Pascal Quignard is one of my favourite authors. But whenever I can get hold of a new book by him, I do not jump into it immediately – I put it away on a special shelf, to be savoured when I am in a suitable frame of mind and setting – so not in a train, not on a plane. And he has never disappointed me – with his fiction or with his essays. Villa Amalia, his latest book to be translated into English, is no exception: it is a masterpiece of slow, nuanced prose – a polyphony of silences, if there could be such a thing.
At the beginning of the novel, we find Ann, a reasonably successful composer, deciding to make a clean break with her previous life, and quite cruelly shutting out her partner of fifteen years. He is guilty of infidelity, true, but this is just the last link in what must have been a long chain. Casually, in a conversation with her mother, Ann says she does not understand herself. Predictably, her mother, who has spent her life in the vain (in both senses) expectation of the return of her runaway husband, does not believe in the possibility that such a thing as self-understanding is possible. Ann does. Thus we see her leaving everything behind and ending up in an abandoned villa on an Italian island, a place she has fallen in love with. But nothing is final. A series of random events brings new people into her life, as well as some forgotten ones, until memories too hard to bear fill her paradise to the brim. The novel ends unexpectedly, though we have been warned: this is also a characteristic of all the music the heroine writes.
The subject matter of the book is indeed not so novel, there have been quite a few previous efforts to tackle it, with results ranging from mainstream romantic comedy to a pretentious blend of self-help and orientalism. From all these, however, Quignard’s book is worlds apart. The way Ann’s tale is told – in small passages; in poetic prose with its rhythms that sometimes remind you of Rimbaud’s later work or similar pieces by Robert Desnos; sometimes merging into an intricately structured wall of text and sometimes (though very rarely) breaking into straightforward verse – makes it a work to be experienced rather than just read as a story. As to the latter: not much happens here, even though there are quite a few twists in the plot. These arrive unexpectedly, as events often do in life. For the most part, though, we slowly and quietly move forward in time, yet not from point A to point Z.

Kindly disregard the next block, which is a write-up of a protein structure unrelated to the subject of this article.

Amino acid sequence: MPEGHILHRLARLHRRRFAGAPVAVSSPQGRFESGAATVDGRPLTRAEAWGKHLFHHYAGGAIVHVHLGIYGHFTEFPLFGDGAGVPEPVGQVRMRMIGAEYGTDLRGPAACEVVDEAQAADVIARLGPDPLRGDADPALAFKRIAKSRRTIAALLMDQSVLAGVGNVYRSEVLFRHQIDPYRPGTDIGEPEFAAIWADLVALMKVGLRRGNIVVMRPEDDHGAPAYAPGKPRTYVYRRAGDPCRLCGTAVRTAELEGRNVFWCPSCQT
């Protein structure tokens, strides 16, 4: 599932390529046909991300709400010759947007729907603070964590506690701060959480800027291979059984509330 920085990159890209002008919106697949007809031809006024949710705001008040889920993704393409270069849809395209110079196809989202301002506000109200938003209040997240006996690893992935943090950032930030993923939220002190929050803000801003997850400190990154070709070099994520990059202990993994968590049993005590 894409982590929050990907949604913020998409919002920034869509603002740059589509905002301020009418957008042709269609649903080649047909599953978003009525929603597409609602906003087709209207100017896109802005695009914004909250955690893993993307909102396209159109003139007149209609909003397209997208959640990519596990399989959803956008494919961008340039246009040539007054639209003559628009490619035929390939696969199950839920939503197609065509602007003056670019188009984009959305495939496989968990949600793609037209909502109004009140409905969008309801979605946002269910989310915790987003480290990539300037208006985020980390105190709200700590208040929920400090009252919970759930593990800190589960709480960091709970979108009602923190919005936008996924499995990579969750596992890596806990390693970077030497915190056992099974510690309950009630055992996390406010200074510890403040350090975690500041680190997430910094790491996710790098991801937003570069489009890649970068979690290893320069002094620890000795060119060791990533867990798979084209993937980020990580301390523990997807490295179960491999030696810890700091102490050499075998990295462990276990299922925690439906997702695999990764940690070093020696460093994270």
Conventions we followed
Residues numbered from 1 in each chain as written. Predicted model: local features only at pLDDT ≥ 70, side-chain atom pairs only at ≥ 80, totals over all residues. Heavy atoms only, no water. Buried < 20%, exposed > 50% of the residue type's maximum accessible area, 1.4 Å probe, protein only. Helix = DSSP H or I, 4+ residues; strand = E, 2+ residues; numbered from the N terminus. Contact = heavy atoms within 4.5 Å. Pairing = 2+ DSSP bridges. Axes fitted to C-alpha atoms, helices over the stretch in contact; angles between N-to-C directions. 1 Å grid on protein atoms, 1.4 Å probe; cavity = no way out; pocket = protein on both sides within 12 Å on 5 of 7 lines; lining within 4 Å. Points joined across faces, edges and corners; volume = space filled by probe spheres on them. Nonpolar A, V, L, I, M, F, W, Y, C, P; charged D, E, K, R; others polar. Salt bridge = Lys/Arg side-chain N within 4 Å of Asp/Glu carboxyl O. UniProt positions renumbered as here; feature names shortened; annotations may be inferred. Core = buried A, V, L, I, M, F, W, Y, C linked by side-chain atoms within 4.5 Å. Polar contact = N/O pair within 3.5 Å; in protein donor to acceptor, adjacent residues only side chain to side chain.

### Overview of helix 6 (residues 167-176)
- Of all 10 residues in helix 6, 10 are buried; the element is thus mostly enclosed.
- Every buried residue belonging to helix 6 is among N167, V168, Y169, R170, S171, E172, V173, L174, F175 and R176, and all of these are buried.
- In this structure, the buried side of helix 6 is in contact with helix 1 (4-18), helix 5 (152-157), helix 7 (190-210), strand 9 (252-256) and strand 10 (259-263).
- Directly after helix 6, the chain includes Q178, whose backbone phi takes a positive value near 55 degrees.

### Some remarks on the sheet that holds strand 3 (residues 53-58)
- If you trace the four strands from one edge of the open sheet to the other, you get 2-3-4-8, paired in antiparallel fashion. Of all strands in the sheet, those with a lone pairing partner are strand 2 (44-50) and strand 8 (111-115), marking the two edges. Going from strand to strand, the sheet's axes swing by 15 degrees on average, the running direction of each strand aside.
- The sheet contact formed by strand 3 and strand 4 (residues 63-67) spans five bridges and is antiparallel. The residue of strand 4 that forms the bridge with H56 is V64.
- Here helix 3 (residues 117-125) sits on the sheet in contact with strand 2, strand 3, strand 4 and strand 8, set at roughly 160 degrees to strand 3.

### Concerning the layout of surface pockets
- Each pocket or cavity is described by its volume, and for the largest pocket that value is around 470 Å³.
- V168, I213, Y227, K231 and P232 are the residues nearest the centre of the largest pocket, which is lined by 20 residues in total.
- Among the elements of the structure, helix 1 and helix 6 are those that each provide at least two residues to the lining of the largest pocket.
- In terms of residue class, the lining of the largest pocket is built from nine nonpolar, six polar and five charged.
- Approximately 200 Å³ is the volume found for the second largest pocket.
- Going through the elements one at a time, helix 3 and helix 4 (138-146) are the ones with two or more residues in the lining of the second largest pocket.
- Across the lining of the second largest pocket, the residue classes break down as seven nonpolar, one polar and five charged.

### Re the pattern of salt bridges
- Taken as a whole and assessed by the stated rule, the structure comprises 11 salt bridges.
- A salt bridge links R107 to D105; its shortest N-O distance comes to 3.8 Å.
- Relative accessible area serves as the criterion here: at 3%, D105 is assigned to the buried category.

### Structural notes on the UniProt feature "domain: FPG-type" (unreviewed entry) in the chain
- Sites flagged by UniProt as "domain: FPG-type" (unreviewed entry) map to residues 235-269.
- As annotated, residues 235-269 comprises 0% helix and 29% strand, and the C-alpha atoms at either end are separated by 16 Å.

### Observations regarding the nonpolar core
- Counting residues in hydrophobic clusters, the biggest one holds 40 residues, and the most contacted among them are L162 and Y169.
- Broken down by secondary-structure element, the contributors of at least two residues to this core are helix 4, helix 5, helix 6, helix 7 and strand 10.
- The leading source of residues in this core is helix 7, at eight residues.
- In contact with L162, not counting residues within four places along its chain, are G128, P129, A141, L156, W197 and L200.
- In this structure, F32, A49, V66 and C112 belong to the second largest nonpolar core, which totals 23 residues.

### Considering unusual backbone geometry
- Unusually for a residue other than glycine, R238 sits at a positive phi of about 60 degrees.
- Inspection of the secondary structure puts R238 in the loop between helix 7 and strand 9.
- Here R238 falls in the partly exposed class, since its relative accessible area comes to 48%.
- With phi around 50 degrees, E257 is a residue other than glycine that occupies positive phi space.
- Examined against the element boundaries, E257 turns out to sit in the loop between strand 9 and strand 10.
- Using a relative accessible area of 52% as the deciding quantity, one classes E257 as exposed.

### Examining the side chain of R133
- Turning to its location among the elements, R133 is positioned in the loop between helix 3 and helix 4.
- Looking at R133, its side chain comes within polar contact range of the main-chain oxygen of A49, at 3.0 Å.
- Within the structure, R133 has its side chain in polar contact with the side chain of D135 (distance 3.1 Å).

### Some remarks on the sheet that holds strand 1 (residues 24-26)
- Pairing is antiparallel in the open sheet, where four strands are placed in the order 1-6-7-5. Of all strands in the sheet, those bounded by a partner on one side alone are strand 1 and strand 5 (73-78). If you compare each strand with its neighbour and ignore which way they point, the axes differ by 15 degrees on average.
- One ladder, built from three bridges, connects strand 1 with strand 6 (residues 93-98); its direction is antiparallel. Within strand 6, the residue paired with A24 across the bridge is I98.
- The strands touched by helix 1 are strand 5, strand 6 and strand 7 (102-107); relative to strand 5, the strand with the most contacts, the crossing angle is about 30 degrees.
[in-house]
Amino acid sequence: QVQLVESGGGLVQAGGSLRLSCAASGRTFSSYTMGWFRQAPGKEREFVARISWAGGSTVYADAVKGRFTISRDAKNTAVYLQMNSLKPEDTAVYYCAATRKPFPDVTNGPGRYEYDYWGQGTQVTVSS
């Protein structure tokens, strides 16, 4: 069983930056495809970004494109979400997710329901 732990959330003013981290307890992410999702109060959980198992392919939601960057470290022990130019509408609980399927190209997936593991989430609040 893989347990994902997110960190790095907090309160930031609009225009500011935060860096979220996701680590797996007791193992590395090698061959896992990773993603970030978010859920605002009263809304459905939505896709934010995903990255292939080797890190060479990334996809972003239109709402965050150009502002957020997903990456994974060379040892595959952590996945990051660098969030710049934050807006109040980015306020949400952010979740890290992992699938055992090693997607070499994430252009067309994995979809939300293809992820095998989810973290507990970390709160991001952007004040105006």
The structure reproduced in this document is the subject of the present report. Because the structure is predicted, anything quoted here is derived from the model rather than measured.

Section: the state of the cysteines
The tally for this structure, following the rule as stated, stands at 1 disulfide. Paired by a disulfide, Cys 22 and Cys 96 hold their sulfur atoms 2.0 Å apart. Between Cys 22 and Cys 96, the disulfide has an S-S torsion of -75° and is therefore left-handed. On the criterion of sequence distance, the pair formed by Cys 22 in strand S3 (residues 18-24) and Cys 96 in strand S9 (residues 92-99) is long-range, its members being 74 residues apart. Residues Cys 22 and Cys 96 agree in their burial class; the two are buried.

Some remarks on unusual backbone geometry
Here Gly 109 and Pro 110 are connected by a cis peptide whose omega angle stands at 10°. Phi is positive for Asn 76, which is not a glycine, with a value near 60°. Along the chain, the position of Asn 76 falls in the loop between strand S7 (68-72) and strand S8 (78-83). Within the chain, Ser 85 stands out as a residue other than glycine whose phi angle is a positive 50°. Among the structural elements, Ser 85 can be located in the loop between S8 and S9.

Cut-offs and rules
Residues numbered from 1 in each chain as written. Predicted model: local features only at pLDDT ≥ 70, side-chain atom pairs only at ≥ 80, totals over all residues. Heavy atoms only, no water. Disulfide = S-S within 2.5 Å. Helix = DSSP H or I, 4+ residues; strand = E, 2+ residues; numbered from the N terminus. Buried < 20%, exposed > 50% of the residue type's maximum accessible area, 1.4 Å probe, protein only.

Quignard writes with a deceptive lightness, and a curious gaze focused on little things, often omitting logical connections between approximal sentences. But when any three dots connect, there is an immediate depth below the newly formed surface. What emerges is a delicate blend of the heroine’s flickering consciousness and the small details of the places where she finds herself – both sides of the divide filling each other with meaning.
This, however, is the only place where I also have something critical to say. Two-thirds of the way into the book, having grown accustomed to the narrative voice, we learn that it does not belong to the author. Has the perspective switched? Evidently not, as nothing changes in the harmony of styles. Ann meets this narrator several times in the book, but somehow that person is strangely aware of everything that is pertinent – and also of what he definitely should not know. Nonetheless, this does not really disturb the flow, it just leaves one wondering.
Overall, Quignard’s beautiful novel does what so many spiritual guidebooks promise but fail to deliver: it tunes us in to the rhythm of our own being, and shows us a version of the world with which we can actually achieve a balance. It is a rare accomplishment, something only great literature can bring about.
Reviewed by Rein Raud
Written by Pascal Quignard
Translated from the French by Chris Turner
Published by Seagull Books (2018)
Rein Raud is an Estonian writer and academic. Three of his novels have been published in English, most recently The Death of the Perfect Sentence (Vagabond Voices, 2017).